I am 31 years old and I been loosing my hair (in the front) for 3 years now. I have seen different 4 different gynecologists and the one I have now she took blood work and other tests and the when all the tests came back everything was fine. I am trying to find a dermologist in my area that accepts my insurance. I just want to know what caused the hair loss and what can be done. It is embarrassing to even go out, when I do go out I make sure that I have a hat on. ????????
I too visited the infamous-overpriced Dr Redmond from NYC. I’m on spiro and all the meds for 7 months, going on 8. Forget regrowth, forget halting of shedding, the rate of hair shedding refuses to slow. (I’m also certain its PCOS and not lupus that causing my hairloss, thoroughly medically investigated my hairloss. ) At the start of my treatment, I cut my hair to bout 5 inch lenght, so I’d easily be able to tell thinning versus halt versus regrowth. And all I can say is, I have less hair than I started with. Unfortunately even a physicians intervention is incapable of helping me. To all those out there, atleast this approach before scratching it off your list, its the least you can do.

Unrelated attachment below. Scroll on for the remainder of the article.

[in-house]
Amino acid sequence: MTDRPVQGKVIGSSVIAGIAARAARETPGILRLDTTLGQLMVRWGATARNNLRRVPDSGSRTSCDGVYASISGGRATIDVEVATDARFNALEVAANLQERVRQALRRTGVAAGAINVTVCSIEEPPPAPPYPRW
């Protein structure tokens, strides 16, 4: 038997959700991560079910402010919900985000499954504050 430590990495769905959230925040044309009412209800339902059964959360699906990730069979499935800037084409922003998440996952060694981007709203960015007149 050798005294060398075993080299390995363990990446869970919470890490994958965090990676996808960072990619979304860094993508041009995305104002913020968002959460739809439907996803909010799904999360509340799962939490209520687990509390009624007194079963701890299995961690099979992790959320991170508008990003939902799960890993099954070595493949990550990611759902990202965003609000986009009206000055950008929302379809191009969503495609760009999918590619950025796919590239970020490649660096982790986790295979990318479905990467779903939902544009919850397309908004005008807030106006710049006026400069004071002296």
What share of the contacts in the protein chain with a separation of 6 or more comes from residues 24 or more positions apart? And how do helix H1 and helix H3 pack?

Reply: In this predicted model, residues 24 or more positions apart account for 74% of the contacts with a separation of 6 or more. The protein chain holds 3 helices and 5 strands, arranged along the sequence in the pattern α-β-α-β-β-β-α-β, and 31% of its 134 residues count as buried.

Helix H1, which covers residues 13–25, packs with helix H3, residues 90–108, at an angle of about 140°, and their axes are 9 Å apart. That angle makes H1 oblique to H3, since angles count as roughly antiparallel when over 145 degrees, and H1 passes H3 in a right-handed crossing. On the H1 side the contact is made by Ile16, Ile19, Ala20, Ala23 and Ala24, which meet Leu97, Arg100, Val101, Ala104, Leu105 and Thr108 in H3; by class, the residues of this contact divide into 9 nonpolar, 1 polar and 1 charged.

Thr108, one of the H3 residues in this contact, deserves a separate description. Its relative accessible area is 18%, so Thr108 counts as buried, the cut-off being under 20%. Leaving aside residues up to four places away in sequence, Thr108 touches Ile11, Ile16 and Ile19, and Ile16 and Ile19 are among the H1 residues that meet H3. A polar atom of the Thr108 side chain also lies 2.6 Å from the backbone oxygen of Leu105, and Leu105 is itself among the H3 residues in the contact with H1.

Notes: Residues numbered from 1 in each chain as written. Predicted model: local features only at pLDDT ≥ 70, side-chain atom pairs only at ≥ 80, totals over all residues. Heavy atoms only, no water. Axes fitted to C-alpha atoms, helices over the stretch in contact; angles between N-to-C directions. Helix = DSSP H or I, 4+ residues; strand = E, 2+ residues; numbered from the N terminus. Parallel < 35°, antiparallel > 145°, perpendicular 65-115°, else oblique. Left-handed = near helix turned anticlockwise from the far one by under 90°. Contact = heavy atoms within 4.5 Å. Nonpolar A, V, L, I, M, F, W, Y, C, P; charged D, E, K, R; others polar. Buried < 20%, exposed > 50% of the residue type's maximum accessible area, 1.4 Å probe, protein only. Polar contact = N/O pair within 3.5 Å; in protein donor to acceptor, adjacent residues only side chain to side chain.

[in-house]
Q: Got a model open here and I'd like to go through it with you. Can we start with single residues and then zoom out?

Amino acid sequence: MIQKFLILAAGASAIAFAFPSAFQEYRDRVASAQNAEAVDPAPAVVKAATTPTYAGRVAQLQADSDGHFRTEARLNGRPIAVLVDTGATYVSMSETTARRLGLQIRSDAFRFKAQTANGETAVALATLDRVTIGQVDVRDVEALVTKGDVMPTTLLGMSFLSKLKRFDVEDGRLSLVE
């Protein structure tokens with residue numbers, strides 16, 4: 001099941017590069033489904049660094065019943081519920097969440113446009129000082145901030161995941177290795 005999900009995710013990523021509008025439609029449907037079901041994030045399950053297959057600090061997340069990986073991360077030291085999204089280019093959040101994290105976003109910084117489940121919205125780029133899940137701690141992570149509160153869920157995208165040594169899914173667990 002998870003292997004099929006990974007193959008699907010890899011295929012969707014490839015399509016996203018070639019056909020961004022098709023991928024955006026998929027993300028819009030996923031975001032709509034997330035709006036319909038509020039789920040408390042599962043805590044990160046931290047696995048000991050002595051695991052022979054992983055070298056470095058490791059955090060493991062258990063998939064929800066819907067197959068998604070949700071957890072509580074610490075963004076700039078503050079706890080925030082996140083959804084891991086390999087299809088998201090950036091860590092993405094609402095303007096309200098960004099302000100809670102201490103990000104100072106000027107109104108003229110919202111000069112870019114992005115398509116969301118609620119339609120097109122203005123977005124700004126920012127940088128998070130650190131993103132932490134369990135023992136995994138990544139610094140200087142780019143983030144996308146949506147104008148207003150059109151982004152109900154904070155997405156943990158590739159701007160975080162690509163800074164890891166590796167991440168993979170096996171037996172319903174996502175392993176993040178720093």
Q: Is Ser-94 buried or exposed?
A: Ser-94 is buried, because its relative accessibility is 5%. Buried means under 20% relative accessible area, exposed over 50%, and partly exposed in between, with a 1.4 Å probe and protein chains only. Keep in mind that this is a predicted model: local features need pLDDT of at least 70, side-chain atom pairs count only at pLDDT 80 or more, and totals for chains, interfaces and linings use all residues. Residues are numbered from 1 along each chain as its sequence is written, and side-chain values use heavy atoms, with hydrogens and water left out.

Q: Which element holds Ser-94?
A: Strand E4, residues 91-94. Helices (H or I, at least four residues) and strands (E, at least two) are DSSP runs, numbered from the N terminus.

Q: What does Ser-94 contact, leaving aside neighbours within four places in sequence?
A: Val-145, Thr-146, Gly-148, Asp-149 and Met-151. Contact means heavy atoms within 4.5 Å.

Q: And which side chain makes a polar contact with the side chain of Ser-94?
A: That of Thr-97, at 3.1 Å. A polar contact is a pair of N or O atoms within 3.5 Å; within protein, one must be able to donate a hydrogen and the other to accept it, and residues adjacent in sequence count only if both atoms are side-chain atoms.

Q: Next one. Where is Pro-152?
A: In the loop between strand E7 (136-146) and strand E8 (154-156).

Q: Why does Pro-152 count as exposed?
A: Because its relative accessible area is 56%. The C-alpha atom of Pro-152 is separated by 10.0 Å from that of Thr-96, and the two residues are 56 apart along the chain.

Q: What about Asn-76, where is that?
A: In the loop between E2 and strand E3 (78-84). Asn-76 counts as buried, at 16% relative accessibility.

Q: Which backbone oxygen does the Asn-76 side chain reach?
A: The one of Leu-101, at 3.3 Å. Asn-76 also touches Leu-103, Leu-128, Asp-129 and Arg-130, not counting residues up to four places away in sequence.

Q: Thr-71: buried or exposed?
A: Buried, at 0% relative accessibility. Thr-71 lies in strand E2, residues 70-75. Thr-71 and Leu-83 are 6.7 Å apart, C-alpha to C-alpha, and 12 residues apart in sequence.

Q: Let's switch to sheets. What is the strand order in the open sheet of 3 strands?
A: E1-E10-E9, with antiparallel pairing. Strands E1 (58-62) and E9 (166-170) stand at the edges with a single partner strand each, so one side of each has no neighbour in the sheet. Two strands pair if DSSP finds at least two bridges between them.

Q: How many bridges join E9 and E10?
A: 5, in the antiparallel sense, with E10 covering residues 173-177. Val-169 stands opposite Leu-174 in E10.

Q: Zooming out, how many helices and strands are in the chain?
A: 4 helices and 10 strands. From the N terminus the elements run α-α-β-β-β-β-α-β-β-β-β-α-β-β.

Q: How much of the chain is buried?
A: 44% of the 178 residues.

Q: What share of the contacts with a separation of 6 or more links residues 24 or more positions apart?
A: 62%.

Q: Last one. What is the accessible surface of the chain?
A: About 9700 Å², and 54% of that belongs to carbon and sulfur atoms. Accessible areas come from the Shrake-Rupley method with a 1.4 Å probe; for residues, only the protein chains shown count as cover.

Hi! Any recommendations for doctors that care about or specialize in hair loss in South Carolina (or NC or GA for that matter–I can travel.) I am very glad to have found this site. I am 3 months into using 5% Rogaine and taking 50 mg of Spiro. I have noticed a decrease in shedding but no regrowth.Very very very stressful problem to have. So nice to have ideas and support here.
Sorry to hear about her incident. Unfortuantely, I had issues around her age. Doctors often will say that there are no issues or nothing can be done, but that’s not true. There’s a few things she can do and the sooner she does it, the better. Regrowth may not occur, but maintance may. She should go see a dermatologist that specializes in this area (or at least has some knowledge about it). One way to do this is to check out the American Academy of Dermatology website. If you check out their annual meeting, you can find out who is doing research in this area and/or giving talks. It would be really important to find out why she is losing her hair. It may be alopecia, but there might also be other reasons she’s losing her hair. Her PCP might be able to gear you in the right direction and/or do some blood work to eliminate the “usual” suspects as to why she may be losing her hair.